Tag Archives | letting go

Resistance is Futile

Some days, my life is one long series of resistance.

I want to eat couscous with my lunch, but the voice inside my head warns me it's a carb and I really shouldn't eat carbs.

I want a glass of wine before dinner, because all the males of the family are drinking beer and watching the Orange Bowl and its fun to hang out with them.  But the ego-driven voice tells me that I shouldn't because it's a week night.

Wine_242208_l

I really want to take time to work on my own writing project, but I warn myself I have manuscripts to read and paid writing to finish.

Every one of these desires is met with resistance, a chorus of  shoulds and shouldn'ts.  And my desires and my resistance go head-to-head, back and forth, until I'm having a Linda Blair in the Exorcist moment, my head whipping around on my neck in a frightening fashion.

And then I realize what is happening.  That I'm resisting what is.  And the old adage, what resists, persists, is true.  So as long as I resist the damn couscous, I'm going to want to eat it.  As long as I resist the wine, the call to drink it is going to get stronger.  And when I resist the urge to work on my own writing, the sadness inside me will grow bigger and bigger until it swallows me up.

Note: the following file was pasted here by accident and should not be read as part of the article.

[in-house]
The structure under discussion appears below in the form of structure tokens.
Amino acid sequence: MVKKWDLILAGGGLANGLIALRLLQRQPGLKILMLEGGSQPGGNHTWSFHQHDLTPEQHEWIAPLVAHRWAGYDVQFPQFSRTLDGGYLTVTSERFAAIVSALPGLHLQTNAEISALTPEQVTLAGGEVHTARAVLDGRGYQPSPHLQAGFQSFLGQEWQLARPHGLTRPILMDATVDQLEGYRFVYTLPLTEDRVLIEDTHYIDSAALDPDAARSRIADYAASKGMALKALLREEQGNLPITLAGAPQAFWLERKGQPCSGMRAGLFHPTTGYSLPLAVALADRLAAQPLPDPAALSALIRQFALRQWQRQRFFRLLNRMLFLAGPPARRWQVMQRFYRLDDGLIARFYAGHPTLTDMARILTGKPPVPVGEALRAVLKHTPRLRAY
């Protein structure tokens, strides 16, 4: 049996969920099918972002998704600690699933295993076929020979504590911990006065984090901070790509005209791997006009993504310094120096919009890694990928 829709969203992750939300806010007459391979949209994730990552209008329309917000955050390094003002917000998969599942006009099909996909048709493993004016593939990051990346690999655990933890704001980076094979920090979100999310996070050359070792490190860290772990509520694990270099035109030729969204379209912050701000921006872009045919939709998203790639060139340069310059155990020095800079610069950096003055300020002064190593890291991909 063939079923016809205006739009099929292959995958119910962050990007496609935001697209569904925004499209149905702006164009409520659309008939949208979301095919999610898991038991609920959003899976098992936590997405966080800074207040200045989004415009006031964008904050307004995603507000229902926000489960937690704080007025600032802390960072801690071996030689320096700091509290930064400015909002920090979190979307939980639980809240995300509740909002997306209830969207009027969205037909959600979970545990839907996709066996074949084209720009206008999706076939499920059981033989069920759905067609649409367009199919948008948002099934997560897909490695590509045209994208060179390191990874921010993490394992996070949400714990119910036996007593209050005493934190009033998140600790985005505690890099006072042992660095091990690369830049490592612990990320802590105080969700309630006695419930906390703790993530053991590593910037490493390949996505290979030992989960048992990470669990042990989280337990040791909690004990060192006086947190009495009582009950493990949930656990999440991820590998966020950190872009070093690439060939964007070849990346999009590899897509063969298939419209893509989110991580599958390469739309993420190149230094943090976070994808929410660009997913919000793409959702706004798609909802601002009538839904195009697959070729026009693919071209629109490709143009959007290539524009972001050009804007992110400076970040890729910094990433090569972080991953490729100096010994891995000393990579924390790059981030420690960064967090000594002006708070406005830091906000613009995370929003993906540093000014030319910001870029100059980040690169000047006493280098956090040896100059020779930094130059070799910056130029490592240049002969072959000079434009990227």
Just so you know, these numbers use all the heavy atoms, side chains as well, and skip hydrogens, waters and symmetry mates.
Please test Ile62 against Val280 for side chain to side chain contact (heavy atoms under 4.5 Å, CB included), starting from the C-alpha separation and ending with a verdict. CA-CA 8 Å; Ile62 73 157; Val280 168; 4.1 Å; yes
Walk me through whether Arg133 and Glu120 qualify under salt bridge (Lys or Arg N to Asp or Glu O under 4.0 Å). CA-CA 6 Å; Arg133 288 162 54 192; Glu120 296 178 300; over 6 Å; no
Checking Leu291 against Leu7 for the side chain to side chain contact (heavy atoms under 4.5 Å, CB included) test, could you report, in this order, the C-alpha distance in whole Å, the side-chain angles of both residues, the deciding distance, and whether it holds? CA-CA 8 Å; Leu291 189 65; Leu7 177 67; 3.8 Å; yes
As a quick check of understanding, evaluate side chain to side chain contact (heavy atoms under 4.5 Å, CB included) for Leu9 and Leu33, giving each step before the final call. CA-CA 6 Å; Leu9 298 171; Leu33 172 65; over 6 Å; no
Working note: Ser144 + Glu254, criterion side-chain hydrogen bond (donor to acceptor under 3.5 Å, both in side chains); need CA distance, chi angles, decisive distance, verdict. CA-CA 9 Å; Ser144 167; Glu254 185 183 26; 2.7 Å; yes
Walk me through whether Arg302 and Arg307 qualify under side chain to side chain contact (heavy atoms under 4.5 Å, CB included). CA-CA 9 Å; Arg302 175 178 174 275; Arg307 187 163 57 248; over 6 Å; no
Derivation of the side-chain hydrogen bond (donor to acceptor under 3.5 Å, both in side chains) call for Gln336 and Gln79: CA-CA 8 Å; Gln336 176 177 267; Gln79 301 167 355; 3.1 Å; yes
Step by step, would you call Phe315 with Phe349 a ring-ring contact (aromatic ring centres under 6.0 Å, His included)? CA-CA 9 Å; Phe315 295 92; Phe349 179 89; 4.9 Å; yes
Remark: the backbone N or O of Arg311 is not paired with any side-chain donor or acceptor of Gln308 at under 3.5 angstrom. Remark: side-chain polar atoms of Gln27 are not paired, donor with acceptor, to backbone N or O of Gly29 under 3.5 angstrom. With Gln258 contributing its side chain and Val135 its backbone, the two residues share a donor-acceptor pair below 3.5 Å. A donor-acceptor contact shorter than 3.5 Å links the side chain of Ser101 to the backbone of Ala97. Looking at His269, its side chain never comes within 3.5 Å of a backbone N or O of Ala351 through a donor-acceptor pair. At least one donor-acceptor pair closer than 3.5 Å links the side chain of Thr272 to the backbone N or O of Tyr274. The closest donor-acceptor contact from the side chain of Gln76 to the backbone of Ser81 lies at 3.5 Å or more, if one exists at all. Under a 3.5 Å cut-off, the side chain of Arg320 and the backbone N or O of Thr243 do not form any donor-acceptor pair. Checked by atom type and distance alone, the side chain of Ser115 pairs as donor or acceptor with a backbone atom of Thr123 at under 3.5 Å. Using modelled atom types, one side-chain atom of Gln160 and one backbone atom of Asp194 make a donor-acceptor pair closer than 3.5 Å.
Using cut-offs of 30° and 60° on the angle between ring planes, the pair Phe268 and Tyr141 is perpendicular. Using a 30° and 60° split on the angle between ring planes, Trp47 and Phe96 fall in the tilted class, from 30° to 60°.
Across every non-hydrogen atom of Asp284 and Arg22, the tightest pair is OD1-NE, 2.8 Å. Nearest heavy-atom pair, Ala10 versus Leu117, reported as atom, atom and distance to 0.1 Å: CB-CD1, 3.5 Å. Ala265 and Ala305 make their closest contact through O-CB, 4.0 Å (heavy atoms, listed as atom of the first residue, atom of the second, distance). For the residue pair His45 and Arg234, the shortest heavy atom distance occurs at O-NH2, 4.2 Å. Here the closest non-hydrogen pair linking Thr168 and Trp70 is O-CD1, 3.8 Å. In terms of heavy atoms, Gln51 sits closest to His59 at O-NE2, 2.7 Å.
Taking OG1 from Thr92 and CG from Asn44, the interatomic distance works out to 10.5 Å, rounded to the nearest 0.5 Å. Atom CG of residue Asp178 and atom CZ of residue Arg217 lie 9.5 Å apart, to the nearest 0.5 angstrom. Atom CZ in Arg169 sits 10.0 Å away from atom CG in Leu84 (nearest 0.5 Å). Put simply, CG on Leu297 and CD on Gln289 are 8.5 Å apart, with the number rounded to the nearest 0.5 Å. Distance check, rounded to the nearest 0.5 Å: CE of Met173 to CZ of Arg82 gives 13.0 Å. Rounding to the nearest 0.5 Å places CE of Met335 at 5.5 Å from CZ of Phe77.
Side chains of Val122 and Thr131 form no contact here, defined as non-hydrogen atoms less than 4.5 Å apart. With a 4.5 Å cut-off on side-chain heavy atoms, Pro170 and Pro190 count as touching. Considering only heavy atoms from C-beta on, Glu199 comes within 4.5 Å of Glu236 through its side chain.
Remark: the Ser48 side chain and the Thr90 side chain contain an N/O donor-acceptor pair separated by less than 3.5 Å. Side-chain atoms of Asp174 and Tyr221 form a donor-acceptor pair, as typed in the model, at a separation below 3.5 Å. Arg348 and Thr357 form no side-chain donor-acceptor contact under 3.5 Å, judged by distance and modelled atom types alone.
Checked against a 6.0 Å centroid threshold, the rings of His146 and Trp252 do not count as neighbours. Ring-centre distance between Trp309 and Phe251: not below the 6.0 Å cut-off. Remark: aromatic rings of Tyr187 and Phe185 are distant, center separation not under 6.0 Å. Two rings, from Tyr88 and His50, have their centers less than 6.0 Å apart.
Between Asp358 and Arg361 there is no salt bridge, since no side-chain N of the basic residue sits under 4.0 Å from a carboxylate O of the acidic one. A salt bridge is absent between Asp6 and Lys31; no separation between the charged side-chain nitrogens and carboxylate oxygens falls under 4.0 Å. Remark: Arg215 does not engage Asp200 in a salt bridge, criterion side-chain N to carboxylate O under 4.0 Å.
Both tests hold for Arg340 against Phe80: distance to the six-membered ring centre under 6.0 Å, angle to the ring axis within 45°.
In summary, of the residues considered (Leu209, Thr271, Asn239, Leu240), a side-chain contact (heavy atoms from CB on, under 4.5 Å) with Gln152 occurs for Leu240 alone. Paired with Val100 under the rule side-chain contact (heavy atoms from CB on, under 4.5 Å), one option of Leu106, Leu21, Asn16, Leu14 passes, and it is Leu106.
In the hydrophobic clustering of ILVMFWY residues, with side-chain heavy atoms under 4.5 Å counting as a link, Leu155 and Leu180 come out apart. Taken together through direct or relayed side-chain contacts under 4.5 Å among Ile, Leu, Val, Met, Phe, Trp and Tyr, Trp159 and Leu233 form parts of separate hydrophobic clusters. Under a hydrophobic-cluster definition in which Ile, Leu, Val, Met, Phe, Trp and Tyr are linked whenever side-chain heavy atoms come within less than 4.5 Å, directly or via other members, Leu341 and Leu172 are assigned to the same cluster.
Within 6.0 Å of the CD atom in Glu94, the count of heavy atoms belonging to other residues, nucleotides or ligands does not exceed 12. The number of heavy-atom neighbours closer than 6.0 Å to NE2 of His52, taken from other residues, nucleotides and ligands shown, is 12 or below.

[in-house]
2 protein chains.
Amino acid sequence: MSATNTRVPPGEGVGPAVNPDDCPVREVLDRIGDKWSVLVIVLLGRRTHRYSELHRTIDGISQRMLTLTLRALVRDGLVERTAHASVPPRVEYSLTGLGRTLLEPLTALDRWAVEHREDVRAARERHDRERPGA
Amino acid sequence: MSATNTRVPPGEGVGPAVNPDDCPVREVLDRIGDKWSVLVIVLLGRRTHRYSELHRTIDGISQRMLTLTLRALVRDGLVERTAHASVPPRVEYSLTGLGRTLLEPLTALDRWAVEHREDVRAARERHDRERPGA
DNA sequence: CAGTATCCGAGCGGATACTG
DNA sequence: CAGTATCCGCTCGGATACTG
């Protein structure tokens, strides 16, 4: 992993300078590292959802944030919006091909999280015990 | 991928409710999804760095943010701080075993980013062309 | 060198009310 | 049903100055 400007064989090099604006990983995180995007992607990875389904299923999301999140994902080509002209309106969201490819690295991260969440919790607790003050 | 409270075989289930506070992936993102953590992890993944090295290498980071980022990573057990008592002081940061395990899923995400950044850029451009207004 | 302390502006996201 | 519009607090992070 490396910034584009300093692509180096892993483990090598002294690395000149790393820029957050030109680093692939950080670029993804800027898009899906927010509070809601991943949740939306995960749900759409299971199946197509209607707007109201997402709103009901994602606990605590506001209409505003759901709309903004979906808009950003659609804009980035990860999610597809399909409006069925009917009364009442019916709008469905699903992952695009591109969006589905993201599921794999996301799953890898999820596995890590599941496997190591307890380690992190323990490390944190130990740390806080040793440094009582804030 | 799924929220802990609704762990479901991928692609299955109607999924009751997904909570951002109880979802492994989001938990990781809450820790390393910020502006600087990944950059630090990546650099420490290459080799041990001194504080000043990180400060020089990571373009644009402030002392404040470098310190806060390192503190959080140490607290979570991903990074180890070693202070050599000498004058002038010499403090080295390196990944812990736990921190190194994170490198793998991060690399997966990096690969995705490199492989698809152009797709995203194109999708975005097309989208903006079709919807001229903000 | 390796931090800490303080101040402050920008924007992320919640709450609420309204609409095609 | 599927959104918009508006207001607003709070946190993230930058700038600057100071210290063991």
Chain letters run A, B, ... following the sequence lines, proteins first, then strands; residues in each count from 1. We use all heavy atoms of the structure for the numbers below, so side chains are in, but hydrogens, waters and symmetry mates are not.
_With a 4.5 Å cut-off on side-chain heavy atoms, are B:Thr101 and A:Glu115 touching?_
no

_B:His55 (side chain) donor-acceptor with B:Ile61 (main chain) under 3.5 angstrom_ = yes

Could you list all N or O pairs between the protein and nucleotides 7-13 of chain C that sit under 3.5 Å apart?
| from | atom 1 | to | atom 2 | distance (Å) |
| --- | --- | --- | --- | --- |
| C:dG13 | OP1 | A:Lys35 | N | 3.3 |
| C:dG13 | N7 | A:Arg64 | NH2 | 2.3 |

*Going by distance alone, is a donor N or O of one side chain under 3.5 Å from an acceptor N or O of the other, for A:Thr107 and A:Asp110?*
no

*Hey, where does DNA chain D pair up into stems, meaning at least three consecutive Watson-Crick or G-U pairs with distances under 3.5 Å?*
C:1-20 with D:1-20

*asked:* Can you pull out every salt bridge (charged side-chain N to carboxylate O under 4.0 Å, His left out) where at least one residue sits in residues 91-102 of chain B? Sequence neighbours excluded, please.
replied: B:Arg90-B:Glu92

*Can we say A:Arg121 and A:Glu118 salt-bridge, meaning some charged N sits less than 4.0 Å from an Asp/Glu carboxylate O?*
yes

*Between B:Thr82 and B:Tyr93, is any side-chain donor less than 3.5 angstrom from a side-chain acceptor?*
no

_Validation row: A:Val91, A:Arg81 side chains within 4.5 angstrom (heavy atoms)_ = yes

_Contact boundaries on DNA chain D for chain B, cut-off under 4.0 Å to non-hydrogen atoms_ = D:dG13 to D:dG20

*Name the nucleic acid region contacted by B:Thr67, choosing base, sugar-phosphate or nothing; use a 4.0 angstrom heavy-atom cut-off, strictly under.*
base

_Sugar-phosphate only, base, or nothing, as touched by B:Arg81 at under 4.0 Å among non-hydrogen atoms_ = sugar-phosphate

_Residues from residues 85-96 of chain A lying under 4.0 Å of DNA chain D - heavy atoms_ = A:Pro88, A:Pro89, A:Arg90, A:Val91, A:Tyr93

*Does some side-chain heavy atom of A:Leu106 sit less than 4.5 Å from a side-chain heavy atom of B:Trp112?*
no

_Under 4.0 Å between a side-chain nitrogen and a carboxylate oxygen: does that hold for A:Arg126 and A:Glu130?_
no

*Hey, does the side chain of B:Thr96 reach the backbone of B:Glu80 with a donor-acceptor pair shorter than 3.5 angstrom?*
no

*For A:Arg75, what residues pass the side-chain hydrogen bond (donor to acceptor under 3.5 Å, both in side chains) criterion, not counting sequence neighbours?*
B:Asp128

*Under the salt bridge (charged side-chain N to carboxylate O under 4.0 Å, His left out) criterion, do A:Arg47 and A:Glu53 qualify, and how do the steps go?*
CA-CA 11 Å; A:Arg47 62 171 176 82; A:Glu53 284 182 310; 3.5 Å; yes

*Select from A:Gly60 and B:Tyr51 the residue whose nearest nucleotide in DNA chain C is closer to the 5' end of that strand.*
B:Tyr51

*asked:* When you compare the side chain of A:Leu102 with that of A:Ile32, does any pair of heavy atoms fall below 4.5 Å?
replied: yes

What I really need to do is just let it all go.  Relax into it and quit with the resistance already.

But, my ego whispers, what about that concept of personal responsibility you're so big on this year?  Huh?  Huh?  Isn't it the responsible thing to do to not eat the couscous or drink the wine? In a way, yes.  But there's a crucial difference.  And that is the act of letting go.

Have you ever had the experience of wrestling with a problem, focusing on it obsessively, without result or change?  And then suddenly you've had the glorious feeling of just letting it go?  When it happens it is magical, because you truly enter the space where whatever happens is alright.  No matter what, its alright.